If you or someone in your household is in a wheelchair, ramps are a must for navigating between the levels of your home, both indoors and out. That doesn’t mean they need to be purely utilitarian, though. By working with an experienced pro, you can have a ramp that is safe, stylish and perfectly suited to the style of your home. And because they are safer than stairs, ramps can be a good choice for homes with young kids … plus, they’re just more fun. Get all the facts on adding this feature to your home or yard below.
Wheelchair accessibility may be the most obvious reason, but it’s far from the only one. A ramp is also helpful for aging-in-place design, and it’s more fun (and safer) than stairs for young children. With proper planning, a ramp can fit into indoor and outdoor spaces just as well as a traditional staircase, providing visual interest, function and fun. If you plan to sell your home eventually, a well-designed ramp could even make your home more appealing to a wider range of buyers.
If you are looking to build a wheelchair-accessible ramp, choose a designer/builder who is familiar with Americans With Disabilities Act design standards. Following these standards will ensure that the grade of the ramp is safe; the path is wide enough to maneuver a chair on; the flooring material is a safe, nonslip surface; the path is well lit and so on.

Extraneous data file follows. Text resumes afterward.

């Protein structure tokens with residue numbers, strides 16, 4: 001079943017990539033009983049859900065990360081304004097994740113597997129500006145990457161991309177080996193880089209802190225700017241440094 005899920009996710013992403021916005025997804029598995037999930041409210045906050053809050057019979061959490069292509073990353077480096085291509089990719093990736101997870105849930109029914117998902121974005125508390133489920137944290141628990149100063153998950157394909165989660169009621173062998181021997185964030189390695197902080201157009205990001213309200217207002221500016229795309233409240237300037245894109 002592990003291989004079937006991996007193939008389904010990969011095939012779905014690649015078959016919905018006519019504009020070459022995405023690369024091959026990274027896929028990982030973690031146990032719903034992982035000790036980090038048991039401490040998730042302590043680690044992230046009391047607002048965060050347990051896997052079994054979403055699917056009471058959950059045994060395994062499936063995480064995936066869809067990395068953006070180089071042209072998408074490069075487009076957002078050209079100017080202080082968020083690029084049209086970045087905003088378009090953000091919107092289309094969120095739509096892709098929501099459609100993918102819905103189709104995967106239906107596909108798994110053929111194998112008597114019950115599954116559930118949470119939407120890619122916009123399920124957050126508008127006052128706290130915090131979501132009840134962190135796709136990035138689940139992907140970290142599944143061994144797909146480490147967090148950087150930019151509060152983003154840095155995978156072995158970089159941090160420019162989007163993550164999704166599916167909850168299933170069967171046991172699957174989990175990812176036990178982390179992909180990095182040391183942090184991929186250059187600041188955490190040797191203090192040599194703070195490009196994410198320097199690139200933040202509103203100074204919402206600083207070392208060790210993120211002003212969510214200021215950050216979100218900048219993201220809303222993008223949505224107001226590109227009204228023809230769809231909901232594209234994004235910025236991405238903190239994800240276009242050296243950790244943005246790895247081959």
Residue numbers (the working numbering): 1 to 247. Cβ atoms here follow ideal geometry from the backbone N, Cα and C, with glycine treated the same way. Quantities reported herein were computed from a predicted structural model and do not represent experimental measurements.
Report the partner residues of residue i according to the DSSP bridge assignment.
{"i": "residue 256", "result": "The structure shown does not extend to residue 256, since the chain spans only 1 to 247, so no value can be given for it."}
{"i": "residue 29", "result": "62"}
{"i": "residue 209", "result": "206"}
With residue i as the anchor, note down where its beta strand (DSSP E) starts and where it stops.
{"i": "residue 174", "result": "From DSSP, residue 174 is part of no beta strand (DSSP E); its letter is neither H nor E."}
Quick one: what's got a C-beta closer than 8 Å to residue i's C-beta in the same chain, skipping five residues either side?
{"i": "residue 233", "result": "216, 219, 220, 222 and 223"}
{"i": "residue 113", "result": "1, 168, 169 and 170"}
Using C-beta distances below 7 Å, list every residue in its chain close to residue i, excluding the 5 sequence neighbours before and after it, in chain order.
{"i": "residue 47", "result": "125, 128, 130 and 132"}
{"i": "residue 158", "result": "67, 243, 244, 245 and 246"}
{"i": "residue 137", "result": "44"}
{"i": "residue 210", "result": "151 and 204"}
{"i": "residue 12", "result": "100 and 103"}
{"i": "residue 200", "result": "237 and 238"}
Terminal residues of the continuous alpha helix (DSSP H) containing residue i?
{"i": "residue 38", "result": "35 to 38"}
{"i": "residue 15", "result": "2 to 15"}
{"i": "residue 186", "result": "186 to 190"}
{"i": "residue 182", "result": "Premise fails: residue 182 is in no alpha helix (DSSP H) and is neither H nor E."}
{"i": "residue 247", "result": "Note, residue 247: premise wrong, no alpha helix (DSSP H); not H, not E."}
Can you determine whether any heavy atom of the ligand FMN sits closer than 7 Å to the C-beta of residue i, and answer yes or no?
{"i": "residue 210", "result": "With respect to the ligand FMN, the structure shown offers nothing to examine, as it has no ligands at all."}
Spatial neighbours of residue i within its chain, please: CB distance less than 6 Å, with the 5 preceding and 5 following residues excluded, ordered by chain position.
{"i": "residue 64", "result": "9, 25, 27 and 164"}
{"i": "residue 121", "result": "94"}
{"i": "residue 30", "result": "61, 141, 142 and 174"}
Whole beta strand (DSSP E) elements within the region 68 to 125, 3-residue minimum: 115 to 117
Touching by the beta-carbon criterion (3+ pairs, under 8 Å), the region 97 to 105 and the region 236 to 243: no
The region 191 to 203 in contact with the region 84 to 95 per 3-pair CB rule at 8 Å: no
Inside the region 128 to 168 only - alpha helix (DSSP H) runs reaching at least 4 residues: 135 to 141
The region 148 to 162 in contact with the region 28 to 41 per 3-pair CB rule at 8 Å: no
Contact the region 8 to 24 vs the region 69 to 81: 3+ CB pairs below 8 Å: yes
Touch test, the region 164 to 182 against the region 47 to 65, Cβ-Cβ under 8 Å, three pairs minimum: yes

Cost: For design and installation, the price can be around $2,000 for a relatively simple, small outdoor ramp. For larger and more elaborate custom designs, the cost can range from $3,500 to $8,000 — consider it on par with the price of having a new interior staircase built.
Your choice of materials will also affect the cost. Concrete or synthetic decking, for example, would be on the lower end of the price range, and fine hardwoods used on an interior ramp on the higher end. By working with your architect or designer, you should be able to choose a material that fits the style of your space and your budget.
Typical project length: A small ramp (equivalent to two or three steps) with a straightforward design can be completed in about two weeks, depending on your site. Larger ramps (the size of a staircase between floors) and more intricate designs can take six to eight weeks or more. If adding a ramp requires major restructuring of other areas of your home, consider the timetable similar to that of a major remodel.
First steps: Decide where you want the ramp to go and think about why you are having it installed. Is it for accessibility, for aging in place or purely for fun? What is your budget and timetable for this project?
Although the architect or designer you choose will give you design guidance, it will be helpful to be familiar with what you like. Save photos you like to share with your designer to make sure you are both on the same page.
Ultimately, it’s important to choose someone whose work you admire and who you feel you can work well with.